Blood culture contamination, a common problem in emergency departments (ED), leads to further testing and treatments and adds costs to care. Concerned about blood culture contamination rates in the ED, researchers at Vanderbilt University School of Medicine in Nashville conducted a quality improvement (QI) study, and their interventions and findings are the subject of this issue of Strategies.

CLSI recommends that healthcare institutions maintain a blood culture contamination rate <3%, but achieving this level, particularly in the ED, can be challenging. “There are a lot of things going on all at once in the ED. Patients who are having blood cultures taken are often quite ill and could be receiving antibiotics, fluids, and blood products at the same time. In the middle of all of that, the technique of collecting a specimen for culture might be thought more mundane and perhaps not as important as some of the other things going on,” said Wesley Self, MD, MPH, an assistant professor of emergency medicine and lead author of the report describing Vanderbilt’s study of blood culture contamination in the ED (Acad Emerg Med 2013;20:89–97).

Self and his colleagues were concerned that improvements were needed in the contamination rate of blood cultures drawn in the Vanderbilt ED, something borne out by a baseline analysis of 7,389 cultures taken over 48 weeks, which had a 4.3% rate of contamination. This prompted the researchers to embark on a two-part QI study, consisting of developing and implementing an intervention followed by evaluating the effectiveness of the intervention.

The authors started by observing ED processes around blood culture collection, which ED nurses and paramedics were performing. “We took a couple of months and just watched what they did. We also interviewed them and got a really good idea of where the holes in the process were and where contaminants were sneaking into our specimens,” said Self. “Once we had a good handle on the standard process we targeted some very specific ways to improve it.”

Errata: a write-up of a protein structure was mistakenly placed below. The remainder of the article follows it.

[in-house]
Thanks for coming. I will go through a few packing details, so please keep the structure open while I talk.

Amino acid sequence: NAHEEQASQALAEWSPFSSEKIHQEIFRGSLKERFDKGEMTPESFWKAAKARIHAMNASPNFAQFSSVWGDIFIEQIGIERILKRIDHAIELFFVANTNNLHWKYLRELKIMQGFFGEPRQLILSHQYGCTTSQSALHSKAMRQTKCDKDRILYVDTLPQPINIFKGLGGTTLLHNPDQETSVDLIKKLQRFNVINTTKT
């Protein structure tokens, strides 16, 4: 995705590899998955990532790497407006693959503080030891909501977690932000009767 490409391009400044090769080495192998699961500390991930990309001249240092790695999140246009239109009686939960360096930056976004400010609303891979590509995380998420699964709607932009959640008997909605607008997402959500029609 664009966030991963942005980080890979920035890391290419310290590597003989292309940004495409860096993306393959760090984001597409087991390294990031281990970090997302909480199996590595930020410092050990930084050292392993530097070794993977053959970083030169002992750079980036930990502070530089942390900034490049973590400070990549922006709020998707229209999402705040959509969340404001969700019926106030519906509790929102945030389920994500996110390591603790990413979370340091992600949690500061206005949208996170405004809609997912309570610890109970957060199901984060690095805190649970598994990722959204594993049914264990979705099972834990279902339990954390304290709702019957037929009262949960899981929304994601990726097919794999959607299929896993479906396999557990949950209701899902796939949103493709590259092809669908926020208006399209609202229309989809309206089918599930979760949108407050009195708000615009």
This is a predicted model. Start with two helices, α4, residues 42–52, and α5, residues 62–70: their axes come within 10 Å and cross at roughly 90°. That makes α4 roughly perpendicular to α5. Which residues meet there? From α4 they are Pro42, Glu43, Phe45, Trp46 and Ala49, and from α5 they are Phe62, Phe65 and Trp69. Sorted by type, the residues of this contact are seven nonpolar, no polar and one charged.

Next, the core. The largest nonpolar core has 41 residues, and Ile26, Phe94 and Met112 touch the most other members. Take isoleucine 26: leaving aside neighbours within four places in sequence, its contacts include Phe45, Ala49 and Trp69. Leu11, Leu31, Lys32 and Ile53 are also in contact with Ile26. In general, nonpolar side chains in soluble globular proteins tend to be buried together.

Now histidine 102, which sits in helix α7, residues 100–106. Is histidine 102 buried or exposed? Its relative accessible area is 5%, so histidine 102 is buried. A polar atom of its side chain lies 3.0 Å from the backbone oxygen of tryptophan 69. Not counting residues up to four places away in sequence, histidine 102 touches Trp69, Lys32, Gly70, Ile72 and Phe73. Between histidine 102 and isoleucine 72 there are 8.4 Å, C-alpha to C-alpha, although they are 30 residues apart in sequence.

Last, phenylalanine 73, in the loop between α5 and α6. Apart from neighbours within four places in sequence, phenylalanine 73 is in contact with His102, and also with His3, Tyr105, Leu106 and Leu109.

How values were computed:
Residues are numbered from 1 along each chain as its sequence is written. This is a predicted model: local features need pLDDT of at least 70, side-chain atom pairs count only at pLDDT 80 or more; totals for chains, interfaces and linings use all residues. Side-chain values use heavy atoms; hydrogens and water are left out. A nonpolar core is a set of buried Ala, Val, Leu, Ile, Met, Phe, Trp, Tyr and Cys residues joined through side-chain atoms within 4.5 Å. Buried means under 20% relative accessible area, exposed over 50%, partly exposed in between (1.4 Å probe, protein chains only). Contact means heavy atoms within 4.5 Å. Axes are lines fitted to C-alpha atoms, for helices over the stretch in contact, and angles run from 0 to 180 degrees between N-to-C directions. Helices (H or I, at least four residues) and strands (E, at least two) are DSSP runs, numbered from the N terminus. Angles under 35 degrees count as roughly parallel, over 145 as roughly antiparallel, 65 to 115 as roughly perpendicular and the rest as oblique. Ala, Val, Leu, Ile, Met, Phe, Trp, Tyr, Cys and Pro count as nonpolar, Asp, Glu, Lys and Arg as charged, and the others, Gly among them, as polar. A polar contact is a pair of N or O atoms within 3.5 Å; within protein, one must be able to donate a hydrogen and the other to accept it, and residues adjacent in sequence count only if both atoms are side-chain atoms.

The researchers made a fishbone diagram to outline factors that were contributing to the higher-than-desired blood culture contamination rate. They identified 17 factors in five broad categories, including collection and education processes, and patient, ED, and hospital factors. One key issue was that there wasn’t a standard technique for culture collection. In addition, no staff member was using a fully sterile technique.

“The way blood was being collected typically was to put a small amount of alcohol on the patient’s skin to disinfect the skin, and then use non-sterile techniques. This involved grabbing gloves off the wall and equipment at the bedside table, inserting a needle, drawing blood, sending it off to the lab,” Self recalled. “We found that in order to consistently perform venipuncture, staff were repeatedly palpating the skin over the vein where they were going to insert the needle. That step was producing a lot of contamination, so we really focused on disinfecting the skin very thoroughly and then using sterile technique and equipment, including a sterile drape and sterile gloves.”